At the front of the ship, on Deck 12, you will find Holland America's private reservations-only sun deck called The Retreat; here you'll find a hot tub, as well as extra-fee cabanas. For about $75 a day ($45 on a port day; $299 for a week), the private cabana comes with sparkling wine and complimentary drinks and snacks.
There might also be a few loungers available at the very top, forward on Deck 14 (Sky Deck), but space is limited here, and might be restricted due to high winds or other weather.
Deck 1 is where you'll find the Internet Center, including a small computer room with machines available to use. A desk is staffed during posted hours to help passengers troubleshoot their tech problems. Wi-Fi is available throughout the ship and can be purchased in package form starting at $14.99 per day for social media sites and up to $29.99 per day for the inclusion of streaming services. Holland America offers a complimentary app called the Navigator that offers the onboard schedule, deck plans and other useful features.
The Stuyvesant, Half Moon and Hudson meeting rooms are also on Deck 1. This is often where games of "Party Bridge" take place during the day or where religious services are held.
Onboard shopping, in the Merabella Shops, begins on Deck 2 with stores like The Vault featuring jewellery, duty-free liquor and other luxury gift items. Logowear and Holland America-branded souvenirs are concentrated in the shops on Deck 3.
Surrounding the atrium on Deck 3 is where you will find guest services and the desk of the onboard future cruise consultant. Also on Deck 3, near the other shops, is the onboard art gallery. Unlike the long hallways of auction art on other ships, the gallery on Nieuw Statendam is a curated collection of young and emerging artists from the destinations that the ship visits. All art, managed by ArtLink Galleries, is for sale and intended to be affordable.
Toward the back of the ship on Deck 3 you will find Wonder Photo, a new photography concept offered in partnership with Fujifilm. Rather than browse through hundreds of wasteful printed photographs, guests are encouraged to log on to digital stations to browse portraits taken onboard or even plug in their own devices and upload personal images to print -- though packages are still pricy and start at about $90. The fun and interactive part of these photo kiosks are the possibilities for what and how to print; choose from mugs, coasters, T-shirts, tin boxes -- you name it. Most customized items will be shipped to passengers' homes. A selection of cameras and other photo gear is sold here, as well.
On Deck 12, you will find Explorations Central (EXC) at the Crow's Nest, a lounge space that also doubles as a hub for destination immersion and port planning. The shore excursions desk is here, with office hours throughout your sailing.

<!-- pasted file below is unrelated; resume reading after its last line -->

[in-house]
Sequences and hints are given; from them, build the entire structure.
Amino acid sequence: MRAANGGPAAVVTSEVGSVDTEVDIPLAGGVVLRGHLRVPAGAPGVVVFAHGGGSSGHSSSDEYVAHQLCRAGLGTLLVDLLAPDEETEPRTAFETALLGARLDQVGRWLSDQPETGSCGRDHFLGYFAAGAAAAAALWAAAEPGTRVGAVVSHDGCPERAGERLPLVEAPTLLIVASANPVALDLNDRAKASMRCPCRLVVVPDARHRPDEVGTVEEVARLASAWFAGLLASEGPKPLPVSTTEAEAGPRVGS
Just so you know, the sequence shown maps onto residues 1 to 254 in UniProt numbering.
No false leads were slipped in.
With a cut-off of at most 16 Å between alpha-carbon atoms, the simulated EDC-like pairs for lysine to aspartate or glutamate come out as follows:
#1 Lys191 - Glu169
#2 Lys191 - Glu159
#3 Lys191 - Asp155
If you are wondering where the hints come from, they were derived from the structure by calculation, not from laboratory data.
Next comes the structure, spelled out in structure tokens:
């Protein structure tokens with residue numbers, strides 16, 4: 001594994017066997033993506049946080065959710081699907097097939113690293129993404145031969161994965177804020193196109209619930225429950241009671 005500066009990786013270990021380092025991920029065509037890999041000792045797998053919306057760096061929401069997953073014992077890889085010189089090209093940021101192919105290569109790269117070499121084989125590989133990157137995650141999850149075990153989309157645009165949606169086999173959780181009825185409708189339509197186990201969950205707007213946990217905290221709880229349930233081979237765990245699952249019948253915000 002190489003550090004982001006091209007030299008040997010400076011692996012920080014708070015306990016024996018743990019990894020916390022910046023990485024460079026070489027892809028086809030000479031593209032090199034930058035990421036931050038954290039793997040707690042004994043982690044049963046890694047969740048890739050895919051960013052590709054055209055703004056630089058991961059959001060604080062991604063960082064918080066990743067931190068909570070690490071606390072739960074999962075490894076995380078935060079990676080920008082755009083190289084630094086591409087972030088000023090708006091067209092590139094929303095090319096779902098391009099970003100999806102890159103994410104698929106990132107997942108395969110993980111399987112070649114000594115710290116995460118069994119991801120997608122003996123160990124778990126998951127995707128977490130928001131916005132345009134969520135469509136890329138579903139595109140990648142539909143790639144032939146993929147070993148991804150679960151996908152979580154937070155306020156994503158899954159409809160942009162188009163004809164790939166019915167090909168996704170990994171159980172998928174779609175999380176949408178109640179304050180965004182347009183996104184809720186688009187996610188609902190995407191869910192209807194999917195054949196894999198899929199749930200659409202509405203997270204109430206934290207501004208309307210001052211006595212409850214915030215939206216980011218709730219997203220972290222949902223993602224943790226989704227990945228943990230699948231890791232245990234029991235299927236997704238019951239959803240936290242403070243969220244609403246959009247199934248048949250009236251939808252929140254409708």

Holland America is doing away with traditional libraries and as such, there is only a limited selection of books and research materials available to browse and borrow, displayed on shelves around the Crow's Nest or in the area surrounding Explorations Central.
There are no self-service laundry rooms onboard Nieuw Statendam. Bags of laundry as well as dry cleaning can be done onboard by request, for a fee.
There are limited smoking sections onboard, including port side on Deck 9 by the Sea View Bar as well as the Sun Bar and designated areas of the casino. Select nights are smoke-free in the casino.
The Greenhouse Spa & Salon spans the very front of Deck 9 and a chunk of Deck 10. The complex is low-lit and calming with dark wood and touches of jade green; walking in from the Lido, heading forward, you will pass the hydrotherapy pool enclosed in glass. This round pool with therapeutic jets is part of the ship's impressive thermal suite, which includes access to multiple saunas, a steam room, aromatherapy room, relaxation room with heated ceramic loungers and other shower rooms for a daily fee (about $40, but ask once you're onboard) or with a pass for the length of your cruise. If there are two of you interested, ask for couple's pricing. Given the variety of rooms to unwind in, chances for crowding are reduced.
Treatments onboard are provided using Elemis brand products. Choose from face, massage or body therapies (ranging from $119 for a 50-minute reflexology massage) or opt for an acupuncture session or a medi-spa cosmetic service such as Botox, dermal fillers or teeth-whitening.
A dedicated salon offers hair, nail and men's services (like a hot shave); a deluxe pedicure or hair colouring is a fraction of the cost of a massage or facial (about $70).
Look for discounts throughout your cruise that reduce pricing on port days or bundle services at a lower rate.
Nieuw Statendam's fitness centre is on Deck 9, inside of the spa, and it's a respectable size featuring rows of state-of-the-art machines, mainly from Precor. Passengers looking to get their heart rate going will find stationary bikes, rowing machines, ellipticals and weight machines, plus treadmills that face floor-to-ceiling windows over the ocean. There is a studio providing dedicated space for spin classes and another studio that hosts classes like yoga or TRX training; we think the private rooms are a nice touch, especially for meditative exercises, rather than fighting for floor space in a crowded gym. Plus, both studios feature walls of windows. Stretching and abs classes are complimentary, but most other classes range from $12 to $20 per session; personal training is available, but significantly more expensive.